DO exercise! Exercise not only burns more energy throughout the day leading to better sleep quality, but it also help to regulate hormones, so if you do work shifts or have a little person keeping you up at night, exercise can help to balance your cortisol, melatonin and insulin levels. Even if the only time you can fit exercise in is late at night, studies show it’s better than nothing. As long as you take some time after your workout to stretch off and shower it shouldn’t disrupt your sleep.

DON’T leave the TV or radio on to fall asleep. If you need to sleep while other family members are up and about try using ear plugs. If you struggle falling asleep in silence with the random noises of the outside world try using white noise to drift off. The consistent steady sound of a white noise machine is easier to drift off to and often quite soothing compared to the sound of people talking which we can’t help but tune in to.

DO have a bedtime routine. Ideally we would all go to bed at the same time every night and get a full 7-8 hours uninterrupted sleep. If this isn’t possible, you can help your body prepare for sleep by having a consistent bedtime routine.  This can be as simple as brushing your teeth and putting on pyjamas. If you need a little longer to settle down try 10 minutes of meditation once you’re ready for bed, or read 10 minutes of a book once in bed to help you relax.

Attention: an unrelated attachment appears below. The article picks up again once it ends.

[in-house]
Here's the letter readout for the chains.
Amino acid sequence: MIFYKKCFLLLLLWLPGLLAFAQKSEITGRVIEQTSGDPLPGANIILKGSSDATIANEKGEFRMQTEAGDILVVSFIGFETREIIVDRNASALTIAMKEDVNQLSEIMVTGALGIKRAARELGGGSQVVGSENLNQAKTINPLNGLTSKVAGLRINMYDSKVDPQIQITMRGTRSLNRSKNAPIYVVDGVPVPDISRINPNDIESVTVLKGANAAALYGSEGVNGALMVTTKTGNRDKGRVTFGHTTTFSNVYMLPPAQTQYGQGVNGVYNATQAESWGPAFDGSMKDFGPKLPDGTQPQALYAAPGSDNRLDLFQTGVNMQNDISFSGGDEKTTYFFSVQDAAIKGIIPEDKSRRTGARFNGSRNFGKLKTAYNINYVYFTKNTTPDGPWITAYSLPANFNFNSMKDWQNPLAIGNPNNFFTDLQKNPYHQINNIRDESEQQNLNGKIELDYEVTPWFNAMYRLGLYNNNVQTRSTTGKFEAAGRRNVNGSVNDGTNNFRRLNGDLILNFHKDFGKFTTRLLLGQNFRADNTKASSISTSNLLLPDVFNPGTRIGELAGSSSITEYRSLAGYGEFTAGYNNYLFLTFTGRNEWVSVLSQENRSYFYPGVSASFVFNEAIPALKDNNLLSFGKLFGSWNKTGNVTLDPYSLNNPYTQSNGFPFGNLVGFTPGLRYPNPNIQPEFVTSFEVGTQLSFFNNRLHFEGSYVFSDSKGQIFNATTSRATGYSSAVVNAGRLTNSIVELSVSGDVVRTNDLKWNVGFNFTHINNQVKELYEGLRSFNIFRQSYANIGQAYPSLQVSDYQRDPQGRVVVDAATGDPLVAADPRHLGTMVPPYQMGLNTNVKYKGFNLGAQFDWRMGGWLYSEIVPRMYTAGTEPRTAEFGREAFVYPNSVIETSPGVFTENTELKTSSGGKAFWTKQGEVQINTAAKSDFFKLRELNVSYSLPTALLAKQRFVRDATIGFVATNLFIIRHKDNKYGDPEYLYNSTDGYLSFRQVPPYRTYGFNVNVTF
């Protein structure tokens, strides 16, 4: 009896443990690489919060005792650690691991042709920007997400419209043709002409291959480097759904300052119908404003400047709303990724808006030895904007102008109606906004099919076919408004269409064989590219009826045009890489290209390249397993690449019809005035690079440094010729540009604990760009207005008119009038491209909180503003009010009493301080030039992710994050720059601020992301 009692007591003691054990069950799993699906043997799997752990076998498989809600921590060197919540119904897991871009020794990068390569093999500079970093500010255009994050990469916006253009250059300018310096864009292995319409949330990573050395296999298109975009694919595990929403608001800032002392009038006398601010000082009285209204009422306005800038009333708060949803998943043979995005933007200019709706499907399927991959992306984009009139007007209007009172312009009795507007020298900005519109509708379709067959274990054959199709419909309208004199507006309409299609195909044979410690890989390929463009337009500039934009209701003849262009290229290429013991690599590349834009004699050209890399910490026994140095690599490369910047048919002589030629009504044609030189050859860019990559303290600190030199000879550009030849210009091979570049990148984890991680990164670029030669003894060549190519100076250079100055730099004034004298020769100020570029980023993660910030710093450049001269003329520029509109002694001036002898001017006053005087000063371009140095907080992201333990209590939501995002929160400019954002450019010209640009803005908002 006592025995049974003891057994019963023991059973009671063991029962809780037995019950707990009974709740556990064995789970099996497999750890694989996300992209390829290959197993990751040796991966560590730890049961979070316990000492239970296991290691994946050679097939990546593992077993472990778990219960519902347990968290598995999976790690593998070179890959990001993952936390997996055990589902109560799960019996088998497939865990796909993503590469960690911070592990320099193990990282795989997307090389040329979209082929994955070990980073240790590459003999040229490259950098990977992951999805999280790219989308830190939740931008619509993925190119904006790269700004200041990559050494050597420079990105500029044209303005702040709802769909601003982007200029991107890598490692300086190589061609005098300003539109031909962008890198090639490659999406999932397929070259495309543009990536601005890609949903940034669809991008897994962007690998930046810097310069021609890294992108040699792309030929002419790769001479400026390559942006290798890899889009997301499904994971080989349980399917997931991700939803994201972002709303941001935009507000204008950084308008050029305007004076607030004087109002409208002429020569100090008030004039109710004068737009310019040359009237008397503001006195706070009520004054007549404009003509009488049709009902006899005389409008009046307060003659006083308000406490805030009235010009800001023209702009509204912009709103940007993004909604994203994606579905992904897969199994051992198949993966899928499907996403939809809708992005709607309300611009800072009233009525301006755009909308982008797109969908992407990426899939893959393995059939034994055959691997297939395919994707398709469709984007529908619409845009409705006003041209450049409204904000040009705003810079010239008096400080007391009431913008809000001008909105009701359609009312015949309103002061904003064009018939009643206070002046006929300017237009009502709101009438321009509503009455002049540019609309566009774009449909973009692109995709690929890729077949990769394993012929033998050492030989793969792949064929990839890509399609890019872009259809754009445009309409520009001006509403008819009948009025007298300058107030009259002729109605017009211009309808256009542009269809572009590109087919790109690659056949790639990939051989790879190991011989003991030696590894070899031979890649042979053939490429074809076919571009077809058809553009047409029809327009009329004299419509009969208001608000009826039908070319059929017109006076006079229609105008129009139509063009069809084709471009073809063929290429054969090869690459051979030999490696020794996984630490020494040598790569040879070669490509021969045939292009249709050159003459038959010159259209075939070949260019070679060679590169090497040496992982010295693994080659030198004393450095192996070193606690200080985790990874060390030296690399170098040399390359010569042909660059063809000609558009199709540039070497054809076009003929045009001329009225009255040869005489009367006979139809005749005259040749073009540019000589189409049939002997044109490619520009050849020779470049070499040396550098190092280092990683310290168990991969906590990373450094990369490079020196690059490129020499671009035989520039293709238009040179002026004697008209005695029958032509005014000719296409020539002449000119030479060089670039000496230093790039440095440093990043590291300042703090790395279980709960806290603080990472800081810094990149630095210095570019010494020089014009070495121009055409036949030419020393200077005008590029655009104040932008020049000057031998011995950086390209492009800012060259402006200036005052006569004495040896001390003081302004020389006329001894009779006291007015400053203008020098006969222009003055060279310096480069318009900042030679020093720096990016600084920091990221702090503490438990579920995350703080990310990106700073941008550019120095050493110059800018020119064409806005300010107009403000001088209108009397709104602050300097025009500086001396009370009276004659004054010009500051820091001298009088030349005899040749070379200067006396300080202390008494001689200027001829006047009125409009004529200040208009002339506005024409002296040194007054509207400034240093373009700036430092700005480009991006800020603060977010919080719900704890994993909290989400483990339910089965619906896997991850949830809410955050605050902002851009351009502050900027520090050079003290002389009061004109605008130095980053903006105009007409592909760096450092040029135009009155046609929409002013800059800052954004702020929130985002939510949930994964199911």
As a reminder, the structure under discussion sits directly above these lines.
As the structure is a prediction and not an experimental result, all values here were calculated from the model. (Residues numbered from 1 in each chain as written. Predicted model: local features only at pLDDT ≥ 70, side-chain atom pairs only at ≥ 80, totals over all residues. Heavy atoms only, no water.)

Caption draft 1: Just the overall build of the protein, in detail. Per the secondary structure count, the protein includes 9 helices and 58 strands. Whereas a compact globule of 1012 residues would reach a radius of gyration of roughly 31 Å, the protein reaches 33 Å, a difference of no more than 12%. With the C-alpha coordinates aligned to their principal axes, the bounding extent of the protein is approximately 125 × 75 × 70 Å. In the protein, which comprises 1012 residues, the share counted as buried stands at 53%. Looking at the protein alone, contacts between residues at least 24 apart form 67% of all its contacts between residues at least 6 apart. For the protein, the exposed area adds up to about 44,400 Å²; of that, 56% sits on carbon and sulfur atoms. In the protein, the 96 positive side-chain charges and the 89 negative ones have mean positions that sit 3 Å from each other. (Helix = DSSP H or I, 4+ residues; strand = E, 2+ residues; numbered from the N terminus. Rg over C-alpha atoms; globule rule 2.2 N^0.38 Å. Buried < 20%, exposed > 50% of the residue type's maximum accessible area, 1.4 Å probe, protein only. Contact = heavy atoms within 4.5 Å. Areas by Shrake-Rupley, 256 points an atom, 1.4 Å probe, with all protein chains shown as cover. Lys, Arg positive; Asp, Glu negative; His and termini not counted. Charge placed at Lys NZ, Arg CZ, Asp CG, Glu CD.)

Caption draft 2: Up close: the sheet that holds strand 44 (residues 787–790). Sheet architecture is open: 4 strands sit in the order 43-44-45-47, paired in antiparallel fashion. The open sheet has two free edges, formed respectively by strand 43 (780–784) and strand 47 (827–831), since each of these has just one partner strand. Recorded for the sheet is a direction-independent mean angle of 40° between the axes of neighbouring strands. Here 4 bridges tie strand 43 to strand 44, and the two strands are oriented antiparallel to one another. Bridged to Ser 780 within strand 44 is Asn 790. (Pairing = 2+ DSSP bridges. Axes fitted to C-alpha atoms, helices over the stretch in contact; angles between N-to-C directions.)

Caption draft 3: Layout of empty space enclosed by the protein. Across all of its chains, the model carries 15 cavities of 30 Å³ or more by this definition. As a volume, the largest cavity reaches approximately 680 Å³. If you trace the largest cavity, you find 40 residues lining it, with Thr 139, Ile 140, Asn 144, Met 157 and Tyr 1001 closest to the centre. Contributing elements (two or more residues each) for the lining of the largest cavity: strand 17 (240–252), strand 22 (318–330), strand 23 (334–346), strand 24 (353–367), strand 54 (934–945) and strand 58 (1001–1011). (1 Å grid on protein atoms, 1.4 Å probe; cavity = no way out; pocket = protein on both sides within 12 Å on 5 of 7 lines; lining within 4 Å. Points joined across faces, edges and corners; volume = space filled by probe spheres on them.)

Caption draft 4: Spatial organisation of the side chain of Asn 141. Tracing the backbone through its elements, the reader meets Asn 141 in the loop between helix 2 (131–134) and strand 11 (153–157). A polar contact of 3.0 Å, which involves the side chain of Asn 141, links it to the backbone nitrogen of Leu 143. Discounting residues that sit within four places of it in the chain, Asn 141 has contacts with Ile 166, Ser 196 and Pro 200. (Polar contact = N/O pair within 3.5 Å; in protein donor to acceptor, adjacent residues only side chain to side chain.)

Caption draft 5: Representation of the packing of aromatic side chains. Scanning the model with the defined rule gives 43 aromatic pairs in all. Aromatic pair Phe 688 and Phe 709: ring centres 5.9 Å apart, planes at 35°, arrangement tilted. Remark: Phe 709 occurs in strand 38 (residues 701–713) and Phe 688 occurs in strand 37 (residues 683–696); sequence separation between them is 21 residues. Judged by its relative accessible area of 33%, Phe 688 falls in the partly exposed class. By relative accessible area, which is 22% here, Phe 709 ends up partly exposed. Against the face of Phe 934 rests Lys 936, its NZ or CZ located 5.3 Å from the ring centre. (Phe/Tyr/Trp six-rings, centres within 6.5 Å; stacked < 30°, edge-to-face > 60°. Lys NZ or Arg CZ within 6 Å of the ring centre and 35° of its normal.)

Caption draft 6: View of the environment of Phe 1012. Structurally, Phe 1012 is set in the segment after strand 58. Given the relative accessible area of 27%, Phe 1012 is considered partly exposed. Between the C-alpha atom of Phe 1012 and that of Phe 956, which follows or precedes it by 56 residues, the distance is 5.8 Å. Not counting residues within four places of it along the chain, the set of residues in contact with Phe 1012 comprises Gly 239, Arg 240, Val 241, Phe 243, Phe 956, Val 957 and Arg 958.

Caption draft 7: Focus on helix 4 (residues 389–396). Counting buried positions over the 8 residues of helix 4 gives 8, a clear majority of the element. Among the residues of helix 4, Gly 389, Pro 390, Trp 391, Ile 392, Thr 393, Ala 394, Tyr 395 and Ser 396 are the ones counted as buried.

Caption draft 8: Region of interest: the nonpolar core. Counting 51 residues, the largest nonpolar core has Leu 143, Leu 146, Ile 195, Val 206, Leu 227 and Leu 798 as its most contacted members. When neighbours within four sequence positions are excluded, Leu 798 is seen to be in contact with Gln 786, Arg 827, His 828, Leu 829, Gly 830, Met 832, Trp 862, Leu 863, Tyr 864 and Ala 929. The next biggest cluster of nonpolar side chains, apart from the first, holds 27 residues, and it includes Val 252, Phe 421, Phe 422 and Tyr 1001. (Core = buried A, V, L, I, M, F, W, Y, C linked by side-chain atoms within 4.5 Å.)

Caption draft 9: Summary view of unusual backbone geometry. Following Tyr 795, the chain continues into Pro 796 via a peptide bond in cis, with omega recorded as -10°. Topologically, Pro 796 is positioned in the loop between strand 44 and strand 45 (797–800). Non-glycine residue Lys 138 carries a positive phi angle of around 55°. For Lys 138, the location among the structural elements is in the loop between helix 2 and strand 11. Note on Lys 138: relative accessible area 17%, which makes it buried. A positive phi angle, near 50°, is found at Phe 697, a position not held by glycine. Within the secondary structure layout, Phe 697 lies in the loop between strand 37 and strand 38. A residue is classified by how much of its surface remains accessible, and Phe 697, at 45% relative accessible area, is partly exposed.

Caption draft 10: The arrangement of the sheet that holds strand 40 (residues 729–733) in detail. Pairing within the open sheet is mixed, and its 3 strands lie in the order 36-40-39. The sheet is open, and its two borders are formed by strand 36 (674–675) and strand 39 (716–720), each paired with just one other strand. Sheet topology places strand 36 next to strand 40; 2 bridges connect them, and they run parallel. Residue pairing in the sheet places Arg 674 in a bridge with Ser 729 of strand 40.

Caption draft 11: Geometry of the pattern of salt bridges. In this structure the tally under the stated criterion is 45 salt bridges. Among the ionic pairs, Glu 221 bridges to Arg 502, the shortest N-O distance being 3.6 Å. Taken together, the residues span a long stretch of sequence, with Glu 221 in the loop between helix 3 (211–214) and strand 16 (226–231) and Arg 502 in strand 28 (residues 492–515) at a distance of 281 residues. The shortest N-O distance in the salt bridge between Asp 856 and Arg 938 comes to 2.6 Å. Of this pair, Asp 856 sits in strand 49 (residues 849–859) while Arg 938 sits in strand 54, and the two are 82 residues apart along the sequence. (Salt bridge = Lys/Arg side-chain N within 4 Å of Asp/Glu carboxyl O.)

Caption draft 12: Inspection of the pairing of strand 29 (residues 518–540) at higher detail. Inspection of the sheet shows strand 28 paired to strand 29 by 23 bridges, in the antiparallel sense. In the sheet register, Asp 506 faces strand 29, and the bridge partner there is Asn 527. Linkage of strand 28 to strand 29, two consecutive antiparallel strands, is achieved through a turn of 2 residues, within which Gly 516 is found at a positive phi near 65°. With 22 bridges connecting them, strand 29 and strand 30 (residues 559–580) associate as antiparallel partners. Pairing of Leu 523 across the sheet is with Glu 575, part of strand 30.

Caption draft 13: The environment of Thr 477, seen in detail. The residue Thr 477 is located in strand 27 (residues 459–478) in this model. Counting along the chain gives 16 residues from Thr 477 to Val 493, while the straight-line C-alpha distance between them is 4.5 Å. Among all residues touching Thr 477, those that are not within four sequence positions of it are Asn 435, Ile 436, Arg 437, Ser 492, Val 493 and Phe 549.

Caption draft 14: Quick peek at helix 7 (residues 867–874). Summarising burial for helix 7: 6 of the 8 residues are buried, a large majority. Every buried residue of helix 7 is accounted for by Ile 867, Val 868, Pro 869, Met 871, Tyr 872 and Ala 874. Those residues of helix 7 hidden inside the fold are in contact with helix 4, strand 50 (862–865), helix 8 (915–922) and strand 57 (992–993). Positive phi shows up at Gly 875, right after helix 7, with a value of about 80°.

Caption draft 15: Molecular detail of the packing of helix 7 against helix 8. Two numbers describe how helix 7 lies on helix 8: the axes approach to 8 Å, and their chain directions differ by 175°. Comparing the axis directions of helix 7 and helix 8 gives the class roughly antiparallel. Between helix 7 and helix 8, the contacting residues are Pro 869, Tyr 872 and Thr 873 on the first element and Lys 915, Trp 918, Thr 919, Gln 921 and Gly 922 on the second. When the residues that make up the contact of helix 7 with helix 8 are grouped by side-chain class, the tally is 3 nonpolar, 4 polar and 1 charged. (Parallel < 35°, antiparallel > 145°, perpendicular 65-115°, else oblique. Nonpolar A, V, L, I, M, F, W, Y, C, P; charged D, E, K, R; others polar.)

DON’T drink too much coffee or alcohol before bed. Both are stimulants, as well as sugar and nicotine, so are best avoided before bed. Depending on your caffeine sensitivity will depend on when you could have your last coffee without it effecting your sleep.

DO ensure you are getting enough magnesium in your diet. Athletes and the elderly are more likely to have lower levels of magnesium. If you find you are struggling to get enough in through diet alone then supplementing some magnesium before bed can help you drift off into a good nights sleep. Don’t go above the upper limit of 350mg of magnesium supplementation. If you are already getting enough through your diet then supplementing with more won’t help your sleep.

So if you are a parent of a little person who steals your precious sleep, remember this won’t last forever! One day they will be teenagers you struggle to get out of bed. In the mean time, stock the fridge with healthy snack to grab when the low energy cravings hit. Try to get a workout in. Even if its a quick 10 minutes in the garden it’s better than nothing at all. Try to avoid picking up your phone during the night feeds. I know it can be boring and make the nights feel never ending, but staring into the darkness will help you get back off to sleep easier than flicking through facebook to pass away the time.

Night shift workers; get a good bedtime routine, try to block out as much background noise and light as possible and make sure you are getting enough magnesium in your diet to help you get to sleep when your sleep schedule has to adapt to your shift pattern.

I’d love to hear any other tips for sleep from you. If you work shifts, how do you combat the irregular sleep? What are your top tips for getting to sleep while the rest of the world is wide awake?

Here’s my little sleep thief catching up on some zzz’s